The Wonder Boy, a 36-foot bamboo outrigger boat, was lost. Using GPS coordinates provided by the Philippine navy, we had sailed to somewhere in the middle of the South China Sea—or the West Philippine Sea, as locals call it. But our destination was nowhere to be found. Instead, all we could see around us were varying shades of blue: cobalt waves, turquoise sky and an azure confluence of both at the horizon.
The South China Sea may be one of the most strategic and contested waterways on Earth, a watery frontline between two superpowers, as this week’s TIME magazine story details. But the sea’s empty expanse belies its geopolitical significance. On a four-day sail through the contested Spratlys, which are claimed in part or in whole by six governments, we passed just a handful of other boats. Only an occasional dolphin or flying fish broke the waves.
Photographer Chiara Goia and I were traveling on the Wonder Boy with a four-man crew from the Philippine island of Palawan. Our boat had no radio, no maps and no satellite navigation system—merely a handheld GPS device and some coordinates for Philippine military outposts. The journey began with a broken motor: a couple miles offshore, we stalled for an afternoon while the crew jury-rigged the fanbelt with some plastic bits ripped by teeth and machete. A day later, through choppy seas, we arrived at our first destination: Flat Island, also known as Patag, where seven sunburned soldiers guard a sandbar on behalf of the Philippines.
Knowing that the detachment only receives supplies every two months, we had arrived with goodies: Philippine brandy, cigarettes and lad mags. The men were grateful but Chiara was not. She wanted them to look up from the pin-ups and return to their routine so she could document life on this spit of sand. At our next stop—Nanshan, a slightly larger Spratly island referred to locally as Lawak—we made sure to distribute the gifts at the end of our stay, so as not to disturb normal schedules.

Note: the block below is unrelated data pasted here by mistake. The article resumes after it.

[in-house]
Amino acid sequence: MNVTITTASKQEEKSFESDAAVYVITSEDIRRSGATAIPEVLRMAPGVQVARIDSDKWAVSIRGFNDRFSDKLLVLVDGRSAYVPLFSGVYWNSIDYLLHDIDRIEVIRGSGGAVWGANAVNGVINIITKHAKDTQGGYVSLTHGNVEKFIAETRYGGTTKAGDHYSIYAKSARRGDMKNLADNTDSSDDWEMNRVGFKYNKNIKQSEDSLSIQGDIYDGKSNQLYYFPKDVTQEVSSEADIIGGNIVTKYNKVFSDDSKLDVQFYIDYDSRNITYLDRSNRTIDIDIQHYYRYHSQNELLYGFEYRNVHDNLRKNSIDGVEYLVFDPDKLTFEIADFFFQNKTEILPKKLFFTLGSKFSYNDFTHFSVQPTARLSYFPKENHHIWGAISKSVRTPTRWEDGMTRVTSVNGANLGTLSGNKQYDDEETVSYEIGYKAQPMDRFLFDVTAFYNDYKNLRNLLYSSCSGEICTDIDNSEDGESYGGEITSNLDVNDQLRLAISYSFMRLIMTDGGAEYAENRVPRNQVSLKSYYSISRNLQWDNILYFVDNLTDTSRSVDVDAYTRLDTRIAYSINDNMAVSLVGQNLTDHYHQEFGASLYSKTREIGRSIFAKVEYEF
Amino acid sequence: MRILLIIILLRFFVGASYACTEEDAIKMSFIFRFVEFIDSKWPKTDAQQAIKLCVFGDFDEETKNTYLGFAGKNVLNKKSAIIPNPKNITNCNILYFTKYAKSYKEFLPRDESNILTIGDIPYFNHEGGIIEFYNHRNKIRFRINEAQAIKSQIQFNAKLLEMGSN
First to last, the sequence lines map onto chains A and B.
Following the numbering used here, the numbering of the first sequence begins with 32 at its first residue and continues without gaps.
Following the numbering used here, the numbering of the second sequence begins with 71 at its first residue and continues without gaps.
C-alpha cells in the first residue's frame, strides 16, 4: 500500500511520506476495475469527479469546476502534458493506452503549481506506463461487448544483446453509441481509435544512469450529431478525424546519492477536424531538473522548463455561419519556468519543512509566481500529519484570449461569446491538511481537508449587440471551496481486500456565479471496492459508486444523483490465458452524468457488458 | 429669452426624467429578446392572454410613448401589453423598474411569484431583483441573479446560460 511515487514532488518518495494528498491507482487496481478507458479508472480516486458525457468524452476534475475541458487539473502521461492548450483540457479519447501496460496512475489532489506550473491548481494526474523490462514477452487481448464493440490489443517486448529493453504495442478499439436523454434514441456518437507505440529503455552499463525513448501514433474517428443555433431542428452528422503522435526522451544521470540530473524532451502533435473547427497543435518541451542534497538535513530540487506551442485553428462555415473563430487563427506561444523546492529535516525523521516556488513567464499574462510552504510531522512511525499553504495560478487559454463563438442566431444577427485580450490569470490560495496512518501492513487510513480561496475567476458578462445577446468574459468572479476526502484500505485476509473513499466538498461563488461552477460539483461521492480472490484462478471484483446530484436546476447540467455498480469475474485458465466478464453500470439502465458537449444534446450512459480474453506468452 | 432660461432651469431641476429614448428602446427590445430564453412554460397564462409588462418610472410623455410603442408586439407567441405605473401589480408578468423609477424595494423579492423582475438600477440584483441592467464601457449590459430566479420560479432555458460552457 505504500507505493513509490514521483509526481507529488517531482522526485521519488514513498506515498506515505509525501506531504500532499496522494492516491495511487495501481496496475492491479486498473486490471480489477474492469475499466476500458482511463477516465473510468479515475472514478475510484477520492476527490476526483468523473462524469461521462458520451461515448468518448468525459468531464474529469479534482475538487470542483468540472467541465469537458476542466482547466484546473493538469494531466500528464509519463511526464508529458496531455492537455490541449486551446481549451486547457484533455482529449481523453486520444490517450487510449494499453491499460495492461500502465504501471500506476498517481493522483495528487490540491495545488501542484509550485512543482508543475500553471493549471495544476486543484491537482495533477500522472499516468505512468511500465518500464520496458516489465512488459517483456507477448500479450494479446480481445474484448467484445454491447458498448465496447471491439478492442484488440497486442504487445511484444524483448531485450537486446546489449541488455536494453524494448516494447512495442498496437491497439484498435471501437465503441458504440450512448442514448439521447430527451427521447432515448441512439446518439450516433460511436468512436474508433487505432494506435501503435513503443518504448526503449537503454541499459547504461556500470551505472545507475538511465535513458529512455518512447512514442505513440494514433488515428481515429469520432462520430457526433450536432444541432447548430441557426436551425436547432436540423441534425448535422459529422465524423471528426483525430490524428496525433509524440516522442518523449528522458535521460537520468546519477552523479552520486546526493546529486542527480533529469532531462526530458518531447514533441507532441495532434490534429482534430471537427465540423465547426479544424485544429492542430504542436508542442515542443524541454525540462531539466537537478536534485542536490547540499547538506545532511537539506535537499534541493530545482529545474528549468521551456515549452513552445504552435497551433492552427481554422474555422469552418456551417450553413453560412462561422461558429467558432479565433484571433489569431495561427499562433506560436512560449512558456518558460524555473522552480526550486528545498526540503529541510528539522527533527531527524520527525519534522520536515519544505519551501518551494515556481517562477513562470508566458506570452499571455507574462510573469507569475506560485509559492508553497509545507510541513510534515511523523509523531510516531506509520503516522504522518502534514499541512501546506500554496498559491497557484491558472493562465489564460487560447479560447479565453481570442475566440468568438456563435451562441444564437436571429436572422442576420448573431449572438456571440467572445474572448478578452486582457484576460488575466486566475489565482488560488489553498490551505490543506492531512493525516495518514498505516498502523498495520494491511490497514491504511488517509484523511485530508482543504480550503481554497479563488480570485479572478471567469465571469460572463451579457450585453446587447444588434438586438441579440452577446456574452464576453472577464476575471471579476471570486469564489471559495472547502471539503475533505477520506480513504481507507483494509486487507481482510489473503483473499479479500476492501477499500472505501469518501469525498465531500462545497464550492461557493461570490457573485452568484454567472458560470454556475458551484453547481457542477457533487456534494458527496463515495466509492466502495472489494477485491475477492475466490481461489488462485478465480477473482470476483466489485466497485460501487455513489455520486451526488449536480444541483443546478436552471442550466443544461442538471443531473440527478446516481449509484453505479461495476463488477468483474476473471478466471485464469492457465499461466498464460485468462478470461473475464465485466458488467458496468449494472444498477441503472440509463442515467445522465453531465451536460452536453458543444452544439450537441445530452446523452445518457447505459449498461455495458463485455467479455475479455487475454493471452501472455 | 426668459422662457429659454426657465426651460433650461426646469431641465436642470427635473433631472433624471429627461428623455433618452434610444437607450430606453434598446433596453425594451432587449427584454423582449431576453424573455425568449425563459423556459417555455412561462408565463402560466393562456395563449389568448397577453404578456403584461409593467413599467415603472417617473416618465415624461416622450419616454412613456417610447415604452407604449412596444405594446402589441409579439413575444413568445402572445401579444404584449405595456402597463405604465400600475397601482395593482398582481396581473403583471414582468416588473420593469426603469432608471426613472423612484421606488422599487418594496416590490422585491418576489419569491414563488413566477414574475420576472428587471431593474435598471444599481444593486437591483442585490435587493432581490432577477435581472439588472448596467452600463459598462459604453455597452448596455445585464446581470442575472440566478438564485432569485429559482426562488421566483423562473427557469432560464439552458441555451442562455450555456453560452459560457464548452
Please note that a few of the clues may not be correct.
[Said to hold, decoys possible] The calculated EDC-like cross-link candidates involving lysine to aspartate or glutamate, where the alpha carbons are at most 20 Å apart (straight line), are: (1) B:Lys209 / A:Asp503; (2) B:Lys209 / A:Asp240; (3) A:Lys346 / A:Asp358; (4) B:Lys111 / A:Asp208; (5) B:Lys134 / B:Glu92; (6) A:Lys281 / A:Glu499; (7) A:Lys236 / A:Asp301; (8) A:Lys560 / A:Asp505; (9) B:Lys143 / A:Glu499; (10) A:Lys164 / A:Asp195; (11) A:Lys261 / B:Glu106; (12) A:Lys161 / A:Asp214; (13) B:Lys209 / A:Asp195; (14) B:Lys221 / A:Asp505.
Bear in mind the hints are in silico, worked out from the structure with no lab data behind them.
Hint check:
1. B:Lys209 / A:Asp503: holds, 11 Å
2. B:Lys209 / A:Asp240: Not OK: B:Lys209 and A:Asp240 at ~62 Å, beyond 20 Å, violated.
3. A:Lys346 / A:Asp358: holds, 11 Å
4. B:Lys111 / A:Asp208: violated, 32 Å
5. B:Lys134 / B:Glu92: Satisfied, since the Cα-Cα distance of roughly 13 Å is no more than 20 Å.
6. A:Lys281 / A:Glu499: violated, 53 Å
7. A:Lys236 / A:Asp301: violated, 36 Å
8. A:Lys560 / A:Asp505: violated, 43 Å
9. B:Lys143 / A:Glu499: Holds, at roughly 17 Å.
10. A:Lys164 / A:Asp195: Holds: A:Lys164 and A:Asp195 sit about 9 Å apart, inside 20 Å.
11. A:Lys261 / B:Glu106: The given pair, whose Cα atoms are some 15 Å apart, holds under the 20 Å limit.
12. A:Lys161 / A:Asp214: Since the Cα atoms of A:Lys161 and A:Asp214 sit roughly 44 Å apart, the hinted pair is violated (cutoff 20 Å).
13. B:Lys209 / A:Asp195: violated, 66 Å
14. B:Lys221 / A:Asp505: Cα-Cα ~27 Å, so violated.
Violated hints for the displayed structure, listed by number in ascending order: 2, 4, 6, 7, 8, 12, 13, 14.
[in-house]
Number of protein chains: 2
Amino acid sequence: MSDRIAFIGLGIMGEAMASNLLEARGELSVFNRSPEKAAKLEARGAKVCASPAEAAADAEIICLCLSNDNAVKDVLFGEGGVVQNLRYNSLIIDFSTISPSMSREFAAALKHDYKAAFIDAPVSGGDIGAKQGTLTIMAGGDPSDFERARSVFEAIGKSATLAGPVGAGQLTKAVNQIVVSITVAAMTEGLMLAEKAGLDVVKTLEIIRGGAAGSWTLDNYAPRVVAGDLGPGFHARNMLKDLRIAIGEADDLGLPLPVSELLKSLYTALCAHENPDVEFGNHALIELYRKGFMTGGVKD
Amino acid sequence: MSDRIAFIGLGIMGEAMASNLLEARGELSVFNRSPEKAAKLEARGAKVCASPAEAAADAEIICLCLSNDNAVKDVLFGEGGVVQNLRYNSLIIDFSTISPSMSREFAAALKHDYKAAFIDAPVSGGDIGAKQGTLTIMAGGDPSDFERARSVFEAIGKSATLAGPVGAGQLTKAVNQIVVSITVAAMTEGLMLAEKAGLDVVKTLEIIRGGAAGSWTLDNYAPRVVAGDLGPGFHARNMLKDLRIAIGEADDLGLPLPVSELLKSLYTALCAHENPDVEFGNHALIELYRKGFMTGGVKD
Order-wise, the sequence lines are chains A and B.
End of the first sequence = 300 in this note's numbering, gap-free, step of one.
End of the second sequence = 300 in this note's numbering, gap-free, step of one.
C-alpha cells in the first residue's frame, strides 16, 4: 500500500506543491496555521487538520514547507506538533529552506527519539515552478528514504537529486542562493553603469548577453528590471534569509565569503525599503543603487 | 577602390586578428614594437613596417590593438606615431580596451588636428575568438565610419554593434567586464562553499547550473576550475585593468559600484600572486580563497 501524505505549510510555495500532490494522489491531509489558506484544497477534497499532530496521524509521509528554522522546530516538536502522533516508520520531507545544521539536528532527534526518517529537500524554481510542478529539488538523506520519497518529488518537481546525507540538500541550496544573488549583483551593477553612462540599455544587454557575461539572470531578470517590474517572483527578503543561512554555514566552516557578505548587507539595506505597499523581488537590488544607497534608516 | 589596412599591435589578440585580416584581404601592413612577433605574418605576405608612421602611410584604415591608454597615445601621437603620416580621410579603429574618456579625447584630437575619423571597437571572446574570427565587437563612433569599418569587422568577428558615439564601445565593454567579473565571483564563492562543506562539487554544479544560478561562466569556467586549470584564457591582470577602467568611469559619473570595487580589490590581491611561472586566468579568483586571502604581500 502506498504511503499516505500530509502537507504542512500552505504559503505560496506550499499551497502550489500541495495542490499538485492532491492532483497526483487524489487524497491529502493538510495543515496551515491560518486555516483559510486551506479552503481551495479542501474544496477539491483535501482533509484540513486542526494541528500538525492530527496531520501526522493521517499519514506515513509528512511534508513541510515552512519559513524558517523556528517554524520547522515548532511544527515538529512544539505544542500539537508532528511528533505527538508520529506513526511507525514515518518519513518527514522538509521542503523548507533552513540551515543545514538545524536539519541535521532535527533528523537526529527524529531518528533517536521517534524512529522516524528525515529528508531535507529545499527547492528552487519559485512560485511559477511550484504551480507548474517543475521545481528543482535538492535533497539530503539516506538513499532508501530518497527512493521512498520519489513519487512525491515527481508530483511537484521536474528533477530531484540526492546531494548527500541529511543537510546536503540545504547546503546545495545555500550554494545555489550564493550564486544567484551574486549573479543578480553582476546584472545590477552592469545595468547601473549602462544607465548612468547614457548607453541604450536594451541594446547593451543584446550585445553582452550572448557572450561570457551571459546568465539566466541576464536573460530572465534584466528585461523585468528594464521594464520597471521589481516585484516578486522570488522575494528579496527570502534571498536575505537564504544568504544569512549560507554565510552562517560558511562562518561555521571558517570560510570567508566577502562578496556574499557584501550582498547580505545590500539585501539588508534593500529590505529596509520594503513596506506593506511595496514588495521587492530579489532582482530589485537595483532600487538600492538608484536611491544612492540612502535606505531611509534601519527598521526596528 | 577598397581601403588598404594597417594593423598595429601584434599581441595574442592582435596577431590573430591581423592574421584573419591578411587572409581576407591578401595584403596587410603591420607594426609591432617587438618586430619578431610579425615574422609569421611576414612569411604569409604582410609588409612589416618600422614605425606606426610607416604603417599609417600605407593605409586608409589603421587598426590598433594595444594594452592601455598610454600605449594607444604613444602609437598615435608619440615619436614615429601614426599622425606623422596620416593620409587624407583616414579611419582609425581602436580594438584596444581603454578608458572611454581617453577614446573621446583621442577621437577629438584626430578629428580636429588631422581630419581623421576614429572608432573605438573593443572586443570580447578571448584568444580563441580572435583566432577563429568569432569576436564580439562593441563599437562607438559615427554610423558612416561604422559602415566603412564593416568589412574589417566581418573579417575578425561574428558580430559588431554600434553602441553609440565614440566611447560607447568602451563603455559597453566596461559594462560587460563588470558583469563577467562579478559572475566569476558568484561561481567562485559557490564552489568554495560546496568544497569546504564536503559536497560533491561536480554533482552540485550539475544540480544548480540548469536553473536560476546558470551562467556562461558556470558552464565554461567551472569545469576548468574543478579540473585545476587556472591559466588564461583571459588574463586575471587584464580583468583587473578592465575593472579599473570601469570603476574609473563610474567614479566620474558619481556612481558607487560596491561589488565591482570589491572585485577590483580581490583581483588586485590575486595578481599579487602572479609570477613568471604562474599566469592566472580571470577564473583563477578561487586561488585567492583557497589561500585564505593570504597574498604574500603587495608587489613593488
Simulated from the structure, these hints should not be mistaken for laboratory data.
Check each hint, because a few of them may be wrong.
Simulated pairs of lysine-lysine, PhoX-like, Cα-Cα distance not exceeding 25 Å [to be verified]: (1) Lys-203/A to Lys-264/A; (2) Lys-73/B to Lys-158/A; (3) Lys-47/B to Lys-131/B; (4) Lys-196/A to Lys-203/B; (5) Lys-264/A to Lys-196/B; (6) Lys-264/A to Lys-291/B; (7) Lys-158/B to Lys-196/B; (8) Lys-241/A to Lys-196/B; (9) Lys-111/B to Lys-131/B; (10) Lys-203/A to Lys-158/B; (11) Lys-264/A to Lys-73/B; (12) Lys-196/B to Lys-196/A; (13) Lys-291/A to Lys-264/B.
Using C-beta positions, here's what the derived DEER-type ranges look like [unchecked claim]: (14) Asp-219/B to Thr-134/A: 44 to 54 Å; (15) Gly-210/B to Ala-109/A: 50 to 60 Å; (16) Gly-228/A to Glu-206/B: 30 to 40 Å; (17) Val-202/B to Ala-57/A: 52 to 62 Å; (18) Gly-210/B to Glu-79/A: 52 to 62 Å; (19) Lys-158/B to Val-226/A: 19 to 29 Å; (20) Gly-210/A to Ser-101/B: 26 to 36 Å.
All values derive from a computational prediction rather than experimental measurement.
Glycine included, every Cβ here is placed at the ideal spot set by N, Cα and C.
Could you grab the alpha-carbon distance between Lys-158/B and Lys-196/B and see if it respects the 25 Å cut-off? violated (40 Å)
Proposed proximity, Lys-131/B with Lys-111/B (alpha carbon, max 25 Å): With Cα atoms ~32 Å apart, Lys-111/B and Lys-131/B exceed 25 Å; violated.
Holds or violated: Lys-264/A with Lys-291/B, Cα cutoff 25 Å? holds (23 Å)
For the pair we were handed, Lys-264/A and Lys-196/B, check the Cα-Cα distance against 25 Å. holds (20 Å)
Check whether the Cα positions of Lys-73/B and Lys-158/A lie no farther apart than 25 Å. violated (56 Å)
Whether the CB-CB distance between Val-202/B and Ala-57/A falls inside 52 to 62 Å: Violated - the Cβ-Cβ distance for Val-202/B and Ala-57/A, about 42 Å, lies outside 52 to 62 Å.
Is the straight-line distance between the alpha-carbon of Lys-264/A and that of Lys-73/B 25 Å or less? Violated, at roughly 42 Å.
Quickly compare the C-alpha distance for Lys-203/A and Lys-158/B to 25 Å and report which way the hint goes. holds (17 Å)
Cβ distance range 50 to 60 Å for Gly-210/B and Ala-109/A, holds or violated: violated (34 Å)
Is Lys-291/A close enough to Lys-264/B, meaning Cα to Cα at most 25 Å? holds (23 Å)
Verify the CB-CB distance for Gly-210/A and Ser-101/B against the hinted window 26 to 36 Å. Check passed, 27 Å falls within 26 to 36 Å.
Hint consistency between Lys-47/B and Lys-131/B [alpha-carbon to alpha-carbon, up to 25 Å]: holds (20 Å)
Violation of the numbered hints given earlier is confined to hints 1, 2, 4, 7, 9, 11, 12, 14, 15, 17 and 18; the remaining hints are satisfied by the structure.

Besides, Nanshan was blessed with a satellite link that, when it worked, allowed the soldiers to watch the NBA playoffs and Philippines league games. Outside their barracks, the men had fashioned a basketball hoop from a decapitated palm tree. Other amusement came from watching seabirds swoop in to nest on an island whose brackish water could sustain a bit of animal life. But on our visit to Nanshan, a heatwave had littered the ground with dead fledglings. High temperatures notwithstanding, hoops were a better bet.
Our last destination was to be the Sierra Madre, a World War II-era American warship that the Philippine navy had deliberately run aground on Second Thomas Shoal to serve as a makeshift military outpost. Chinese coast guard vessels—like the ones that had just glided past Flat Island—occasionally tried to stop resupplies from reaching the rusting warship. Our failure to reach Second Thomas Shoal, however, was courtesy of a map-reading snafu at the Philippine naval operations center.
Eventually, as dusk fell, we came across a tuna-fishing trawler that pointed us in the direction of another ship that had a map. Again we set sail but the next day discovered that circumnavigating a treacherous shoal would add days to our journey. We had enough drinking water, and the crew caught yellow-fin tuna and snapper to sustain us. But gas was running low. I was tired of sleeping on a sack of rice, Chiara cradling a watermelon. So the Wonder Boy turned east, back toward Palawan. When we finally reached shore, our crew—Jerry and Noynoy, Ray and Babu—were welcomed by children and the smell of dinner, freshly cooked, that for generations has beckoned fishermen home.
Chiara Goia is a fine art photographer based in Italy.
Michelle Molloy is a senior international photo editor at TIME.
Hannah Beech is TIME’s East Asia bureau chief. Follow her on Twitter @hkbeech.